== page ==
Before the Court is plaintiffs' motion for class certification under Federal Rule of Civil Procedure 23. Plaintiffs seek to certify a class of over 2, 000 individuals who invested in GFWM's BJ Group Services portfolios during the period from December 22, 2003 to December 22, 2009 (the "Class Period"). Defendants argue that plaintiffs have failed to satisfy the requirements of Rule 23(a) and Rule 23(b)(3). For the following reasons, based on plaintiffs' allegations and the record before this Court, the Court agrees with defendants and denies plaintiffs' motion for class certification. In particular, the Court determines that plaintiffs have failed to prove by a preponderance of the evidence that common questions of law or fact predominate, as Rule 23(b)(3) requires, because they have not demonstrated that the reliance element of their securities fraud claims is susceptible to a common method of proof for all class members. Specifically, plaintiffs are not entitled to either of the two well-established presumptions of reliance, which obviate the need for an individual assessment of each class member's reliance at trial. First, the Court does not apply the fraud-on-the-market presumption of reliance to plaintiffs' claims because plaintiffs identify no efficient market or market price for the particular securities in which the putative class invested. In fact, plaintiffs concede the inapplicability of the fraud-on-the-market presumption. Second, the presumption of reliance for cases primarily concerning a failure to disclose, as set forth by the Supreme Court in Affiliated Ute Citizens of Utah v. United States, cannot apply here. See 406 U.S. 128, 153-54 (1972). Plaintiffs' own amended complaint demonstrates that this case primarily concerns misrepresentations, not omissions. Nonetheless, plaintiffs attempt to invoke the Affiliated Ute presumption of reliance by recasting defendants' alleged misrepresentations as omissions. However, the alleged omissions are merely the inverse of the alleged misrepresentations concerning Brinker's role in managing the BJ Group Services portfolios. Essentially, plaintiffs claim that defendants promised them an investment approach guided by Brinker's investment philosophy, but defendants failed to disclose that they did not actually follow Brinker's approach. That is not enough to trigger the Affiliated Ute presumption of reliance. To the extent any of the omissions identified by plaintiffs amount to more than the inverse of an alleged misrepresentation, the Court still concludes that this case primarily concerns representations, not omissions. Finally, having failed to establish a presumption of reliance in the instant case, plaintiffs contend that they can prove classwide reliance circumstantially. In particular, plaintiffs argue that a jury could reasonably infer class-wide reliance from the facts that defendants made the same representations to all class members, and that all class members invested with defendants. The Second Circuit has approved the use of circumstantial evidence to prove class-wide reliance in fraud cases (but never in a securities fraud case), but only where the inference of reliance is practically inescapable. In this case, however, the evidence that defendants made uniform representations, and that all class members invested with defendants, does not compel the conclusion that all class members must have relied upon defendants' representations. Accordingly, if this case went to trial, each class member's reliance would have to be proven individually. That is reason enough to conclude that class certification under Rule 23(b)(3) is unwarranted in this case.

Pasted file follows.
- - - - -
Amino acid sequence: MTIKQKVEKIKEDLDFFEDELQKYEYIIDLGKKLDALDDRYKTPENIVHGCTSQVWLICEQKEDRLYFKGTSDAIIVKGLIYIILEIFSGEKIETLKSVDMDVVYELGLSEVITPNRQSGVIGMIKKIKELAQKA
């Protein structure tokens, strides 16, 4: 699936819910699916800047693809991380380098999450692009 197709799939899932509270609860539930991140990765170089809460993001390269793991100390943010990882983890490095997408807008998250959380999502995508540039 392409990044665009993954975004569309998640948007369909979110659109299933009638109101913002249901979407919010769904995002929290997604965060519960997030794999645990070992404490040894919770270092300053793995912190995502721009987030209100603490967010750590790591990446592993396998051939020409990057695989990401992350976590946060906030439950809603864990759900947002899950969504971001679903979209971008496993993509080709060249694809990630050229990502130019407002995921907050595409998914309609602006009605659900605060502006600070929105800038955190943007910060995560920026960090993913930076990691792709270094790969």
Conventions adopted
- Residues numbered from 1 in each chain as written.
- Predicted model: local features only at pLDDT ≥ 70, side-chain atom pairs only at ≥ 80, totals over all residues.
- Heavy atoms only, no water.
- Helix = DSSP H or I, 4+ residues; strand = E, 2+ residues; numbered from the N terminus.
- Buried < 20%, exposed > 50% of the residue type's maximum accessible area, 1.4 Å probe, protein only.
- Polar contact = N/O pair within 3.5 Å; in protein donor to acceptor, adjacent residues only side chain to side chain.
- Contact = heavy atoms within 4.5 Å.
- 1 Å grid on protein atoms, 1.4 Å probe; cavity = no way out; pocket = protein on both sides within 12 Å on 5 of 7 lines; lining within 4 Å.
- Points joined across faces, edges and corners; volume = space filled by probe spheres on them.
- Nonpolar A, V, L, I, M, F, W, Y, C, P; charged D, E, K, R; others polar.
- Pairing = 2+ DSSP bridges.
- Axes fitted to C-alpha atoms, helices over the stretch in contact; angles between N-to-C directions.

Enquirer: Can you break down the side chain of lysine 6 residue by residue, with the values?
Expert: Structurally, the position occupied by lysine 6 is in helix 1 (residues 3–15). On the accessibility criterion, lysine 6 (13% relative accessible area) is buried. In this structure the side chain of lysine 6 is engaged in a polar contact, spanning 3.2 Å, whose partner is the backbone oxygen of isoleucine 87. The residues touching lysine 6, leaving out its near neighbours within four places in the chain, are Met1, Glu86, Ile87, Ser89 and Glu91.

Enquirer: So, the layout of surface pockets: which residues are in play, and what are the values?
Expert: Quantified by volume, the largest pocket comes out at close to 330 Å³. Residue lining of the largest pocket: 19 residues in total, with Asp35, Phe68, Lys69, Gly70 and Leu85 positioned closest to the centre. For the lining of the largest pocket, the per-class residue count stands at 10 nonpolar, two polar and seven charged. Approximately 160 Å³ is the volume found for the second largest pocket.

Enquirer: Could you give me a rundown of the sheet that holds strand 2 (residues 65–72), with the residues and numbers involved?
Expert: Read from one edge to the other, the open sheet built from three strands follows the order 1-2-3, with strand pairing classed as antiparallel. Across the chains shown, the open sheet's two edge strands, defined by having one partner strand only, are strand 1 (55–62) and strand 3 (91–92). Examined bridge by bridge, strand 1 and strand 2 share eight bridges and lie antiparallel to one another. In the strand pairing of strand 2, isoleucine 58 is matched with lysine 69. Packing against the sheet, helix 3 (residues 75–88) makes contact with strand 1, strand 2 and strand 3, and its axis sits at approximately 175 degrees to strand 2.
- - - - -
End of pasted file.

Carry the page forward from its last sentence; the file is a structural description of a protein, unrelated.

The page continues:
I. BACKGROUND